The O3-related health losses in hot cities showed a fluctuating trend from 2015 to 2020, and it gradually increased from 2015 to 2017. The pollution in SDP, the southeastern part of CP, and the eastern part of YRD increased, and the health losses affected more than 675 people. From 2018, due to the implementation of the Blue Sky Protection Campaign, the emissions of O3 precursors were limited, to a certain extent, and the health losses decreased in Yantai, Qingdao, Tai’an, and Linyi in SDP, as well as in Xuzhou in YRD. However, there remained a large number of cities with high levels of health losses (> 675 people), such as Baoding, Beijing, Handan, Shijiazhuang, and Tianjin in BTH; Fuyang, Heze, Nanyang, Zhengzhou, and Zhoukou in CP; Nanjing, Xuzhou, and Yancheng in YRD; Jinan, Jining, Linyi, and Weifang in SDP; and Wuhan in TC. Although pollution levels of PM2.5 and O3 were high in hot cities, the levels and the trends in health losses driven by anthropogenic emissions were different. Therefore, for the composite pollution control of PM2.5 and O3 in hot cities, different types of control areas should be further determined based on the assessments of the health effects.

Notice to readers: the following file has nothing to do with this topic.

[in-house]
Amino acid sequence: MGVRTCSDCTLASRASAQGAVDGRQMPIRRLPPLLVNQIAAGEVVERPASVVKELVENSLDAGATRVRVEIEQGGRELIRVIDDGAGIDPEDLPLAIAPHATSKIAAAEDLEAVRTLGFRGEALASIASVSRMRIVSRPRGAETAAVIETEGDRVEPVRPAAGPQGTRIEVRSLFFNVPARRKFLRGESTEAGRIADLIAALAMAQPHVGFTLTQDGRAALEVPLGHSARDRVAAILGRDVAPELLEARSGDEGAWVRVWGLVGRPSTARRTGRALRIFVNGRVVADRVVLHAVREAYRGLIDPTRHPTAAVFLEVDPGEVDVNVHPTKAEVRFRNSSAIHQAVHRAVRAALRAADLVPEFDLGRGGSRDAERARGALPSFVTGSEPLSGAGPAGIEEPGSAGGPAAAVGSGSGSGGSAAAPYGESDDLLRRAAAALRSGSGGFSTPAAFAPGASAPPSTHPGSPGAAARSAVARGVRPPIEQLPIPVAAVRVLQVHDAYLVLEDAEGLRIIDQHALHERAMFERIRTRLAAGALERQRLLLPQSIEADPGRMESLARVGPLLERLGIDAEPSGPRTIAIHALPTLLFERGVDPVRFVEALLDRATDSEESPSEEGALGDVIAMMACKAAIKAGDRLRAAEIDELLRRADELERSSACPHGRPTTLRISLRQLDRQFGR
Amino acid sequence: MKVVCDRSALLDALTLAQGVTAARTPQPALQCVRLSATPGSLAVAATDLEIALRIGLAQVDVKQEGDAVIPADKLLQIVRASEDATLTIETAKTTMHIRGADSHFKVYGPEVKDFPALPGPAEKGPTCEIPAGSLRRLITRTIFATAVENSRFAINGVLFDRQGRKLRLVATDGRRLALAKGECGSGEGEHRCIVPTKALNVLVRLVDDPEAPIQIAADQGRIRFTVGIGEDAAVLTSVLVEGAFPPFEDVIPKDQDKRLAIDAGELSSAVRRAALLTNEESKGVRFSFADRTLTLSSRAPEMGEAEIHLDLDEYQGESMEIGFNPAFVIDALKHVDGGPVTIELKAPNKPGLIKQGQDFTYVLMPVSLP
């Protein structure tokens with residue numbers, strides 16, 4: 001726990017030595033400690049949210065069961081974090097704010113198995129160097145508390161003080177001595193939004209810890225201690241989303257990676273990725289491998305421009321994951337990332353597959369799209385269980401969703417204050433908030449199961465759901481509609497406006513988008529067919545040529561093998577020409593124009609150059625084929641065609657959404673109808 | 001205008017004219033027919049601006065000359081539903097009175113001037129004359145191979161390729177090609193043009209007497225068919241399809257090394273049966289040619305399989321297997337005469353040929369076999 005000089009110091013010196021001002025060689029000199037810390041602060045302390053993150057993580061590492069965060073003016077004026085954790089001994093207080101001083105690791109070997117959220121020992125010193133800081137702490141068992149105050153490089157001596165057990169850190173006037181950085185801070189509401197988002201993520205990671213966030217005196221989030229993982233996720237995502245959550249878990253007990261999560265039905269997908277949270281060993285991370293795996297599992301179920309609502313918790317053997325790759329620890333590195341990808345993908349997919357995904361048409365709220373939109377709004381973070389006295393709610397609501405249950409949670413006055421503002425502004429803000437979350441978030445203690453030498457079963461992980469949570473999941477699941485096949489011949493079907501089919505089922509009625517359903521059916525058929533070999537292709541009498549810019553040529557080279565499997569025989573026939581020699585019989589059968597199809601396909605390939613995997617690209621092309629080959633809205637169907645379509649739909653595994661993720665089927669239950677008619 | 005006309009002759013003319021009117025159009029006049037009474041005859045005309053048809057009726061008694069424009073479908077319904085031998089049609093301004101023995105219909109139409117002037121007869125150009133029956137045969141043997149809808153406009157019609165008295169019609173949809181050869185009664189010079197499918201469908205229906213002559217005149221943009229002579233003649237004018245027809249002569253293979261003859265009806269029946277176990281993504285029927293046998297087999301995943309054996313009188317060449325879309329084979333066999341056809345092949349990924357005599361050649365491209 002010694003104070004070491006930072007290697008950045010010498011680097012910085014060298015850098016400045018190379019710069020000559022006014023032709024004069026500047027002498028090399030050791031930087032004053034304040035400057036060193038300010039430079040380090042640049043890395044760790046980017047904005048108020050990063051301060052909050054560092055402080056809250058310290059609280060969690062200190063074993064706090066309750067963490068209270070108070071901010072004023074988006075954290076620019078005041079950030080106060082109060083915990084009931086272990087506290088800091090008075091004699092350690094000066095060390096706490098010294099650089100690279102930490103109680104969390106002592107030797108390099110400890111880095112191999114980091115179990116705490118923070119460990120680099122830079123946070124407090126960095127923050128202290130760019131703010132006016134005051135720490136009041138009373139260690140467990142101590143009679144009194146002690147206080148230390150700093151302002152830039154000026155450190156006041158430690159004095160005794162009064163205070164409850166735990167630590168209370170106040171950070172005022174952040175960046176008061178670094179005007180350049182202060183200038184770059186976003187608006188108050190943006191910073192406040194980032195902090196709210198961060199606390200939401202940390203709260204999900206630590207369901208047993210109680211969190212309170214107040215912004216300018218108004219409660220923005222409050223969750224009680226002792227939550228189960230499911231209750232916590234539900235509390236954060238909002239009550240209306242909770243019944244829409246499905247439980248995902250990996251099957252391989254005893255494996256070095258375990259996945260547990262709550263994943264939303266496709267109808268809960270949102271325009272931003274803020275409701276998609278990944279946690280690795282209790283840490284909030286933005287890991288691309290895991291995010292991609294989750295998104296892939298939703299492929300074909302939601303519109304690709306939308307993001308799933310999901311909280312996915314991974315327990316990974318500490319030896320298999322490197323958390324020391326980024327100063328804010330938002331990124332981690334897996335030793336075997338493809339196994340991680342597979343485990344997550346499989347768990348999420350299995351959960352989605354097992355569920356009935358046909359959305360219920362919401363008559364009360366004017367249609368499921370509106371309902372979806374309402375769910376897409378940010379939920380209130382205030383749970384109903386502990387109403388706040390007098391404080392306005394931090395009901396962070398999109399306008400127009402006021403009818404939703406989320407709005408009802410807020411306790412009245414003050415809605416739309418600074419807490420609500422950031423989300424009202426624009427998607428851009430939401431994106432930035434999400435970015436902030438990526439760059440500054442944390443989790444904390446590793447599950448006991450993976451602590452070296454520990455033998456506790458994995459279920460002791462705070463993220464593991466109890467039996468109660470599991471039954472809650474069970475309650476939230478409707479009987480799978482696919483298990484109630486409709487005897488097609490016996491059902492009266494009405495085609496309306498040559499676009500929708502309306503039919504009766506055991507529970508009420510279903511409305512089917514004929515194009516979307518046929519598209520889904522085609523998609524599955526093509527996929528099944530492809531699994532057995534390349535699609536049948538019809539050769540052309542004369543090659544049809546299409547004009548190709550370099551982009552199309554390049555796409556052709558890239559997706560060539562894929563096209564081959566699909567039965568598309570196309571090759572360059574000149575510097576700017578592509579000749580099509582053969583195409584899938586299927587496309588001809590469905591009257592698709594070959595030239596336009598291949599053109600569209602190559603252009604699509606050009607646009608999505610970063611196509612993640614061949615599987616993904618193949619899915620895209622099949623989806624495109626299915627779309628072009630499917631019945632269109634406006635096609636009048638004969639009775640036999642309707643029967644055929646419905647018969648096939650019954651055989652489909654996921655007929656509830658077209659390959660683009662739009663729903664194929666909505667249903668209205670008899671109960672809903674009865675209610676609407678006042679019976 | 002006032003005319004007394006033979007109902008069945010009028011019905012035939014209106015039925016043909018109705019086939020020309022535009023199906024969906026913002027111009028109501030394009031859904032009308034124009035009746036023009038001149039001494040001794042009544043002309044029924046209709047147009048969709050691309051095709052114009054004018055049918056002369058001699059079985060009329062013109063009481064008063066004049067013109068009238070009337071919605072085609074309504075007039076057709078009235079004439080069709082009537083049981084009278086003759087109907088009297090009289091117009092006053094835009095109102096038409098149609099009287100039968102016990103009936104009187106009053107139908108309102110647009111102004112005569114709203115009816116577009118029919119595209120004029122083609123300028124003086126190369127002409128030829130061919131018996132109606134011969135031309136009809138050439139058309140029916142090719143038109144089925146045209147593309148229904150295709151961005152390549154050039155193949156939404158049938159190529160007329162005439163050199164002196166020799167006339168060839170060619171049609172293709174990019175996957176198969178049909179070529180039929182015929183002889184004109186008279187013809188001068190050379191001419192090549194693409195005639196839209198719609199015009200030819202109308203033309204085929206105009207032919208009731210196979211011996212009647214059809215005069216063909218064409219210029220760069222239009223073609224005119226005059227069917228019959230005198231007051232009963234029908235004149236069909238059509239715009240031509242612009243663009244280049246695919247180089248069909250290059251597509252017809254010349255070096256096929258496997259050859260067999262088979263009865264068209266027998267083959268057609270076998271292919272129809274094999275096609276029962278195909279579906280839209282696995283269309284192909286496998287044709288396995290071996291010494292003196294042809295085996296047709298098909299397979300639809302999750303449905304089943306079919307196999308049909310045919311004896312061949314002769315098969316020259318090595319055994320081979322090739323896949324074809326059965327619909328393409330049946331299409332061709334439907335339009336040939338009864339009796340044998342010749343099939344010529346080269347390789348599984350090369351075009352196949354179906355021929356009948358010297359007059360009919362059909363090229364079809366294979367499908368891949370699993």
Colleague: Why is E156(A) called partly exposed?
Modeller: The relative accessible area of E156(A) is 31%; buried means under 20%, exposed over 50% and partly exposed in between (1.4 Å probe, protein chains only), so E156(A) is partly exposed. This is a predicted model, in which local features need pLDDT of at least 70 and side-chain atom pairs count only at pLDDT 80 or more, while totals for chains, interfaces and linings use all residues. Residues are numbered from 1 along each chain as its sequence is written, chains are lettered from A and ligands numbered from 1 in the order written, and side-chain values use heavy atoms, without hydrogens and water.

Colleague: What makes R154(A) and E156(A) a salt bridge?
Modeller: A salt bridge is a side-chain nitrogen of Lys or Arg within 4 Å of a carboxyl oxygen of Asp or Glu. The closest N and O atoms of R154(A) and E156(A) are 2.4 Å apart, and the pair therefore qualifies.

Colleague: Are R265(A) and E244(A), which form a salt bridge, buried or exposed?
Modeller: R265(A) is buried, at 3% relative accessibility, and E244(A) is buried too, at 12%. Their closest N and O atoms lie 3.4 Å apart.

Based on Equation 8, PM2.5-related health economic losses in hot urban agglomerations during 2015–2020 could be evaluated, as shown in Supplementary Table S4. The average PM2.5-related health economic losses in the six hot urban agglomerations were ranked as follows: BTH (2.321 billion) > SDP (1.607 billion) > YRD (1.075 billion) > TC (1.016 billion) > CP (1.095 billion) > GZP (0.690 billion). The average levels of the health and health economic losses in BTH and SDP were at the forefront. Although the PM2.5-related health losses in CP were high, the health economic losses low. The reason could have been that the per capita disposable income in CP was relatively low, so the VSL obtained was low; thus, the health economic losses were low. The health economic losses not only depended on the PM2.5-related health losses, but it also was affected by the level of urban economic development. Therefore, the proportion of the health economic losses to the GDP was further calculated. The proportion of health economic losses in six urban agglomerations were CP (0.47%) > GZP (0.46%) > BTH (0.40%) > SDP (0.35%) > YRD (0.31%) > TC (0.28%).